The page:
Alcohol consumption has been linked to problems in the cardiovascular system not only in the heart, itself, but in other areas that help the heart function properly. Excessive alcohol consumption, or abuse, is listed as one of the medical conditions that contribute to heart disease, along with diabetes, obesity and other issues. Heart attack is the leading cause of death and stroke is the fifth most common cause. Alcohol abuse adds risk to both of these conditions and others.
How Alcohol Abuse Damages the Heart
Just over 70% of Americans eighteen years of age or older drink alcohol during a year according to the National Institute of Alcohol Abuse and Alcoholism, part of the National Institutes of Health (NIH). NIH studies also revealed that 56% may drink during a given month. Some of the results of alcohol abuse are visible and obvious. These can include reduced inhibitions, problems with memory and slurred speech. The severity may accelerate to violent behavior and lack of judgement that could result in car accidents, death to the drinker or others or even suicide.
What excessive alcohol abuse does over a period of time to the body may not be as evident. In addition to the liver, pancreas and brain, the cardiovascular system is directly affected by the overuse of alcohol. For example, excess alcohol intake can result in a rise in triglycerides. Triglycerides are fats distributed throughout the body. A buildup of these fats, along with a high LDL cholesterol level, is dangerous.
Cardiomyopathy, which refers to several types of diseases related to the heart muscle, may result from either long-term alcohol use or short term abuse, such as binge drinking. Cardiomyopathy causes the heart to become enlarged and for healthy heart tissue to be replaced with scar tissue. The heart becomes weaker and must work harder to pump oxygen-rich blood throughout the body. This can result in heart failure.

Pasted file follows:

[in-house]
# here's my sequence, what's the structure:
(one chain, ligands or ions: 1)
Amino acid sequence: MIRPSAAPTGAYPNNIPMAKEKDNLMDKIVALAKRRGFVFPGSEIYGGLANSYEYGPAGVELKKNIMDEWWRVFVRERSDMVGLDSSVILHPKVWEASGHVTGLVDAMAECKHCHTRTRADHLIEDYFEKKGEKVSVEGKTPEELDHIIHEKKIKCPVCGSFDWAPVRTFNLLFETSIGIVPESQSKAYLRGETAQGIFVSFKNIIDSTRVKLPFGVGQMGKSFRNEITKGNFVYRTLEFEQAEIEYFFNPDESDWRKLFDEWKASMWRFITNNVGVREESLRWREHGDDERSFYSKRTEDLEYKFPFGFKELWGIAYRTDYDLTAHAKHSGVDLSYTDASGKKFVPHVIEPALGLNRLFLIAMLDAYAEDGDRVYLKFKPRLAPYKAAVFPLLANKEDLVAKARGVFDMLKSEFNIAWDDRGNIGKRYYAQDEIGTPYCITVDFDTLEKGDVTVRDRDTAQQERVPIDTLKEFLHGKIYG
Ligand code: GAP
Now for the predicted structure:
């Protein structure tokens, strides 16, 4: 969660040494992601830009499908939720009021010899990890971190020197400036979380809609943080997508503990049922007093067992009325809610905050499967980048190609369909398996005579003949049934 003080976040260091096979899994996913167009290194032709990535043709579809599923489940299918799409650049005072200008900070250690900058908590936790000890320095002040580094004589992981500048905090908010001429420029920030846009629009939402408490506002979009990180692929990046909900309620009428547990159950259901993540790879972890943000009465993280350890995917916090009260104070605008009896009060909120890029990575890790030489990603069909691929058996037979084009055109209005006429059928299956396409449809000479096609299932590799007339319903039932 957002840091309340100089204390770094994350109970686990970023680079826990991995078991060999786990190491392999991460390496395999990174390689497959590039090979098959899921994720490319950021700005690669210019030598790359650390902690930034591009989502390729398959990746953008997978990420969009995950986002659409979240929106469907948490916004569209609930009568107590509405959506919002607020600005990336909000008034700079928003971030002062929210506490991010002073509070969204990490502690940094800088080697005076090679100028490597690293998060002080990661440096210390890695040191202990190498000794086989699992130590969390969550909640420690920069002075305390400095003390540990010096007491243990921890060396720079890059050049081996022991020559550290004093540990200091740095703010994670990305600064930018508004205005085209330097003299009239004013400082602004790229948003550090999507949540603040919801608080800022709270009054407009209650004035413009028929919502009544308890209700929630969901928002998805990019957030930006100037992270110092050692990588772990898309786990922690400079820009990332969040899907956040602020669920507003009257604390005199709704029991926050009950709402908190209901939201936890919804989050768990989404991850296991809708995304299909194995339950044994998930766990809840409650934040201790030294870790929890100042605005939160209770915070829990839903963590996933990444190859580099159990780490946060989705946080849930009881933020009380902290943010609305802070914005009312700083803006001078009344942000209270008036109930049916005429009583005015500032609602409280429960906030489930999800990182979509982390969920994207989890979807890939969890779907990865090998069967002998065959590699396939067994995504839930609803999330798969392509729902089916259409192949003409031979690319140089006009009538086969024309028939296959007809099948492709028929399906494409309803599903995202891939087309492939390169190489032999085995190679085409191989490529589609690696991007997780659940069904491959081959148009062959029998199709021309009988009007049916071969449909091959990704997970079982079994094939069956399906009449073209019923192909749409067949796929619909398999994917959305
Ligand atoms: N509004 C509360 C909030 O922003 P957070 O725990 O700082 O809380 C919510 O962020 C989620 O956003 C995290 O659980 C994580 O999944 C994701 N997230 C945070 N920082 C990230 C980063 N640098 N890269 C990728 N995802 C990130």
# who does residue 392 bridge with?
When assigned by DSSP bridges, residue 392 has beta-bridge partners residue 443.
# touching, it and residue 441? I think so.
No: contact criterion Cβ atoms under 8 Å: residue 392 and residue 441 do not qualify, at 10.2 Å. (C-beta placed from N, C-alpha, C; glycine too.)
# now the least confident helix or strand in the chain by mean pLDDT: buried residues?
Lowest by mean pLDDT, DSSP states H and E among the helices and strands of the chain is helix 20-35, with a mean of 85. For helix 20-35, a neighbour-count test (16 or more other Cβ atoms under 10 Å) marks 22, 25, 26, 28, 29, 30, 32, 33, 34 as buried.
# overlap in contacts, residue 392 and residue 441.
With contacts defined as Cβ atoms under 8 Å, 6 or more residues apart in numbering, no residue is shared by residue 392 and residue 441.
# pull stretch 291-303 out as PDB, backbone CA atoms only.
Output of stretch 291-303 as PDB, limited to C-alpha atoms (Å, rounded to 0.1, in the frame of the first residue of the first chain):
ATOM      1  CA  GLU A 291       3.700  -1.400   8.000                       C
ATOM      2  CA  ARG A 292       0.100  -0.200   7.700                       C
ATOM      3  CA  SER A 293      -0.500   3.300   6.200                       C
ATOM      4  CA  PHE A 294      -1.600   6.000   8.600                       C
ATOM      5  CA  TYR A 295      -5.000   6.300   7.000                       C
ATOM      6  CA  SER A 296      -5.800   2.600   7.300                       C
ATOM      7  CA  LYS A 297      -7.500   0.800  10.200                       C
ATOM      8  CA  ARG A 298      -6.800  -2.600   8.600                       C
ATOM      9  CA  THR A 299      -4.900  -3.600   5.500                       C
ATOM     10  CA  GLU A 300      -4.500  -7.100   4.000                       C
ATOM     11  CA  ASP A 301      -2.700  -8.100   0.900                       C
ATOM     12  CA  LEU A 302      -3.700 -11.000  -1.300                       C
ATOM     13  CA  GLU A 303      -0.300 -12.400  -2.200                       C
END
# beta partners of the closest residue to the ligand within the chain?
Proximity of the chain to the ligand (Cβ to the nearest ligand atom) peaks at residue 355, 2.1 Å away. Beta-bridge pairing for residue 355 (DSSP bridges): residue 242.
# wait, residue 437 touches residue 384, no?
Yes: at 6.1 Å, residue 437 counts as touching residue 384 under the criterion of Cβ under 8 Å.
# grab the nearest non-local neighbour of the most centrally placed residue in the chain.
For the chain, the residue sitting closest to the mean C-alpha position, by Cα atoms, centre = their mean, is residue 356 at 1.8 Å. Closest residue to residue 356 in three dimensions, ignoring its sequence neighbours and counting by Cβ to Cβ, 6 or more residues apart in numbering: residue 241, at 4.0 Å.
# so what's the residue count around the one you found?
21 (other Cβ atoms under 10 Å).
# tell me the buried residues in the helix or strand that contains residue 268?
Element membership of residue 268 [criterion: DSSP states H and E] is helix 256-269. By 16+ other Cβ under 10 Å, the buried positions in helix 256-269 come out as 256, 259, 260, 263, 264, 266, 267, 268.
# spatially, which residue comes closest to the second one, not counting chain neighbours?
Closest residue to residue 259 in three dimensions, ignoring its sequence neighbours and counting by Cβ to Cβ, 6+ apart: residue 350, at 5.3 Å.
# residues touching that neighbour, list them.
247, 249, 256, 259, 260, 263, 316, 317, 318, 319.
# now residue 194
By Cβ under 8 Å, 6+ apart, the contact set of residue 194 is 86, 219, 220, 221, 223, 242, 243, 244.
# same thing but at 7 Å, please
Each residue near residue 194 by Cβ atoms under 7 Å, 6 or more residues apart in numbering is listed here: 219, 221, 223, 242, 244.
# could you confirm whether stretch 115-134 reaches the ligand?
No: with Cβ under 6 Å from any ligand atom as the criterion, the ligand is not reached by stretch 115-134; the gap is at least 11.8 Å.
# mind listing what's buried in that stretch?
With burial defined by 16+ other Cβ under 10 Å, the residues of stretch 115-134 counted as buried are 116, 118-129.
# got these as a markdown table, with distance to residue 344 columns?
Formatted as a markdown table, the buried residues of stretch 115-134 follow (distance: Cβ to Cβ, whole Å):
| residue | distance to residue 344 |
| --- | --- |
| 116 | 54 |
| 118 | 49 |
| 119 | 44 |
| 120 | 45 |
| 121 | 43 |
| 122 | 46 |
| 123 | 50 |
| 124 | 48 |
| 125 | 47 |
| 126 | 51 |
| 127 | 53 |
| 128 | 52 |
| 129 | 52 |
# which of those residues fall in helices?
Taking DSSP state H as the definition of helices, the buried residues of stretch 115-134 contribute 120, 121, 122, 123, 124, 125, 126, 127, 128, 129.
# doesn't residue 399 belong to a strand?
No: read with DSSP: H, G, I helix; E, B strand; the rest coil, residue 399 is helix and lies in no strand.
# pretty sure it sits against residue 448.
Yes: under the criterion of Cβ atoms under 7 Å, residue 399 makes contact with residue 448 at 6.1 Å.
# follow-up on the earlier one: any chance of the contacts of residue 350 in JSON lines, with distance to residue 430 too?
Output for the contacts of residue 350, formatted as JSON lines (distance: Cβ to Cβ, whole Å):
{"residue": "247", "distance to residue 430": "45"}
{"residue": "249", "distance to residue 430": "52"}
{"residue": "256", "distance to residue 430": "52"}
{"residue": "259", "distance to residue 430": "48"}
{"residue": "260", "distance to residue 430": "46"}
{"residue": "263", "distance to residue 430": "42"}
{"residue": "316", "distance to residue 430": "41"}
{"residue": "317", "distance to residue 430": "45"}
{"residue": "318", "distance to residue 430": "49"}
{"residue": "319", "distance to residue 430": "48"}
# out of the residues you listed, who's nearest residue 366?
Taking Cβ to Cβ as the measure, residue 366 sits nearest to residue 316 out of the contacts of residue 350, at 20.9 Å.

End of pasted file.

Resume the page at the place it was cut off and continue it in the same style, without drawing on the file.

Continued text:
Stroke is another risk increased by heavy alcohol consumption. Several factors go into this particular result. Drinking too much raises blood pressure and high blood pressure (hypertension) is a major contributor to stroke. Too much alcohol also raises the risk of atrial fibrillation (AFib), or an irregular heart rhythm. AFib increases the risk of stroke by five times.
Alcohol, Obesity and Diabetes
Alcoholic drinks are high in calories. This is dangerous to the cardiovascular system in several ways. High calories contribute to diabetes and obesity, both of which increase the risk of heart failure, hypertension and stroke. Obesity raises the level of triglycerides in the blood system. Being obese also lowers HDL, often called “good cholesterol.” HDL helps keep arteries clear.
The higher blood sugar levels that are caused by diabetes result in damage to blood vessels and nerves. Additionally, many with diabetes suffer from conditions that also increase risk of cardiovascular problems. In addition to hypertension, high cholesterol levels contribute to both diabetes and stroke.
Recommended Alcohol Consumption
According to national health standards, one alcoholic drink is defined as twelve ounces of beer, four ounces of wine, and 1.5 ounces of 80 proof liquor or one ounce of 100 proof spirits. According to the American Heart Association (AHA) moderation is the key regarding alcohol consumption and heart health. AHA recommends that if a person drinks, alcohol intake for men should be no more than one to two drinks per day and one drink per day for women.
Because of alcohol’s impact on the amount of calories consumed by an individual, AHA suggests that alcohol consumption be reported to a physician or cardiologist during routine checkups. This helps in developing a better overall cardiovascular health plan.
To learn more about alcohol consumption and heart disease, log on to vascularhealthclinics.org.